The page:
Featured Health Business Daily Story, Nov. 10, 2016

New OCR Settlement Has Old Ring: Simple Security Slips Now Trigger Millions in Fines

Reprinted from REPORT ON PATIENT PRIVACY, the industry's #1 source of timely news and business strategies for safeguarding patient privacy and data security.

November 2016Volume 16Issue 11

In 2011, Idaho State University (ISU) discovered that a contractor forgot to reactivate a firewall at one of its medical practices, potentially exposing the protected health information (PHI) of some 17,000 patients over a nine-month period. Two years after reporting the breach to the HHS Office for Civil Rights, ISU paid OCR $400,000 and agreed to a two-year corrective action plan (CAP) that called for an updated risk analysis (RPP 6/13, p. 1).

In 2012, St. Joseph Health System of Irvine, Calif., also realized that a network server was improperly configured, making the PHI of about twice the number of patients at issue for ISU searchable online. It, too, alerted OCR, affected patients and the media (RPP 3/12, p. 12). Four years later, on Oct. 13, St. Joseph also signed off on a CAP that requires a risk analysis –– but it paid OCR five times ISU’s settlement amount.

St. Joseph’s $2.14 million agreement is OCR’s 12th so far this year and brings its total financial penalties collected in 2016 to a record $22.84 million. In both this instance and with ISU, the organizations expressed confidence that none of the PHI was misused. But that matters little to OCR, as the agency has made clear time and again. This latest settlement also shows how even small mistakes are now costing covered entities millions.

The exposed data related to patients seen at five of St. Joseph’s 14 acute care hospitals in the system, which also provides care in Texas and New Mexico. St. Joseph officials were analyzing data for meaningful use certifications for its electronic medical records system.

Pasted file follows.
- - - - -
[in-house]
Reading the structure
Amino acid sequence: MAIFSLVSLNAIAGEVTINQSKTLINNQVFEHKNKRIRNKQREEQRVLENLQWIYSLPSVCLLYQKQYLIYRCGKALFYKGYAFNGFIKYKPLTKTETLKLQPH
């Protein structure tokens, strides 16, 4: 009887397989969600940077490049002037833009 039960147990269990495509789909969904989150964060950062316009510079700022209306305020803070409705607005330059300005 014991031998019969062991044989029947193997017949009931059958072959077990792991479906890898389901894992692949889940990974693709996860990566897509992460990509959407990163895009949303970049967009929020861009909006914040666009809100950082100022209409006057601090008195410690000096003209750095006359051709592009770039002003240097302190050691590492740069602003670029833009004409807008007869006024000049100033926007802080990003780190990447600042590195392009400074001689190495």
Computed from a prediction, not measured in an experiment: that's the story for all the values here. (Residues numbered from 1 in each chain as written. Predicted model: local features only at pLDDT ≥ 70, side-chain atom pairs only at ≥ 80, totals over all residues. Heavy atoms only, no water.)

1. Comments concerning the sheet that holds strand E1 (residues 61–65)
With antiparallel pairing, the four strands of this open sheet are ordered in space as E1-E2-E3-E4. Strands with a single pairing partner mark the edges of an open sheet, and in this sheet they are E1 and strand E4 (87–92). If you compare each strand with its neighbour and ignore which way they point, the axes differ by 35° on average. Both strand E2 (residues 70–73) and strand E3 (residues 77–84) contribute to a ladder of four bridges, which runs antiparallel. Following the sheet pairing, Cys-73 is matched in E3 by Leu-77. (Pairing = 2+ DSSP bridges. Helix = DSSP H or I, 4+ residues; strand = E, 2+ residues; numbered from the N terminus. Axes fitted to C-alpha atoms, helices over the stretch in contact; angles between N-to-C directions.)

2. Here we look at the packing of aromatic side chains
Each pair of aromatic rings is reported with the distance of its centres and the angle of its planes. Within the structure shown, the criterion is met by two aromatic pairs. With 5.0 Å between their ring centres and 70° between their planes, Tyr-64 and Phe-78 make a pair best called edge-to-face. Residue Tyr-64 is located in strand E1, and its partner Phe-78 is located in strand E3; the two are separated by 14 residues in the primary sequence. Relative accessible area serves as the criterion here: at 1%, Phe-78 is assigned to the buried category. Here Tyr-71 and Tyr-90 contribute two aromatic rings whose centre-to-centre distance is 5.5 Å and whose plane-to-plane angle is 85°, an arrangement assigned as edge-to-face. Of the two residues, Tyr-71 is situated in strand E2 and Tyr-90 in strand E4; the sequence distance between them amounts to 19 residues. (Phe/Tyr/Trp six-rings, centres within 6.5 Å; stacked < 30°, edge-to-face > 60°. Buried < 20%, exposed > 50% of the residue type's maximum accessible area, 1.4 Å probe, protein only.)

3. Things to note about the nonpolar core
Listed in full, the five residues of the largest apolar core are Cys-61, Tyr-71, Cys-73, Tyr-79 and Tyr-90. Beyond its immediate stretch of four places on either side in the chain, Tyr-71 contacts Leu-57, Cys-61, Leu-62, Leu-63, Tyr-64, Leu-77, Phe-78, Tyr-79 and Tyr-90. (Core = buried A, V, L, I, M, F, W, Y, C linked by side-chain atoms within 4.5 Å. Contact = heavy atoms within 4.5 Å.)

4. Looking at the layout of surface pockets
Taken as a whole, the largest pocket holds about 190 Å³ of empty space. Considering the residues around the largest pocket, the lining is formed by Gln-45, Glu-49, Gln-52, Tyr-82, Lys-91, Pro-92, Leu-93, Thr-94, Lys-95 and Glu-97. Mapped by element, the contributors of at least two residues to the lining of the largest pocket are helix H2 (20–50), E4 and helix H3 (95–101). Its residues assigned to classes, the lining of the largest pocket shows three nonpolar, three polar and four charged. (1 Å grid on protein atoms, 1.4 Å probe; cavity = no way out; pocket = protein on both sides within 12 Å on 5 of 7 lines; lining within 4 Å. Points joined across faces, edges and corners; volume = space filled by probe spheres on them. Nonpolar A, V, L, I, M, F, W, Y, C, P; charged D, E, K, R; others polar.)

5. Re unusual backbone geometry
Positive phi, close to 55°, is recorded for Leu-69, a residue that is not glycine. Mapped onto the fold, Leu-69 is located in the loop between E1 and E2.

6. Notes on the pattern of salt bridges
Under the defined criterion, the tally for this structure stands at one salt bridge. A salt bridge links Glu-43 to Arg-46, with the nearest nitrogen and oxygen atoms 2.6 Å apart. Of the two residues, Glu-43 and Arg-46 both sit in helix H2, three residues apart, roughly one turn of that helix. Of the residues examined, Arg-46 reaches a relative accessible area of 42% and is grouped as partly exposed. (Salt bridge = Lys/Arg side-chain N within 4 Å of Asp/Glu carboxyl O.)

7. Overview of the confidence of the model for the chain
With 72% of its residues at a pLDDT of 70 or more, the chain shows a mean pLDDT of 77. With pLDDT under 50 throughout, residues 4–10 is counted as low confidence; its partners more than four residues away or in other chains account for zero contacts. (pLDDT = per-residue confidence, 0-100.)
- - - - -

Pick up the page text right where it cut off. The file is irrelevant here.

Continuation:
Report on Patient Privacy

Breaches Can Be Very Costly

Following the settlement, the system expressed satisfaction at the end of the investigation and remorse for what had happened. It also gave a little insight into how much more the breach had cost it than the payment to OCR alone and any amounts it paid in credit monitoring and other services.

“St. Joseph Health is pleased that we could come to a settlement on this issue and we deeply regret any undue concern to our patients. The facts to remember about this case are that data did not include Social Security, addresses or financial data. Additionally, there is no indication that the information was used by unauthorized persons,” according to a statement provided to RPP. “Since the situation was discovered, we have invested in a number of initiatives to ensure the continued security of patient data, including $17 million in enhanced data security infrastructure. These measures and more are intended to provide for the safety and security of our patients’ information.”

At the time of the breach, St. Joseph said the PHI “had been contained in files that were intended to be maintained securely and used only by the hospitals. However, security settings were incorrect and allowed for the potential of data disclosure. Since discovering this situation, files have been secured within the hospital’s system and the hospital’s teams are working to eliminate residual or archived information from the Internet.”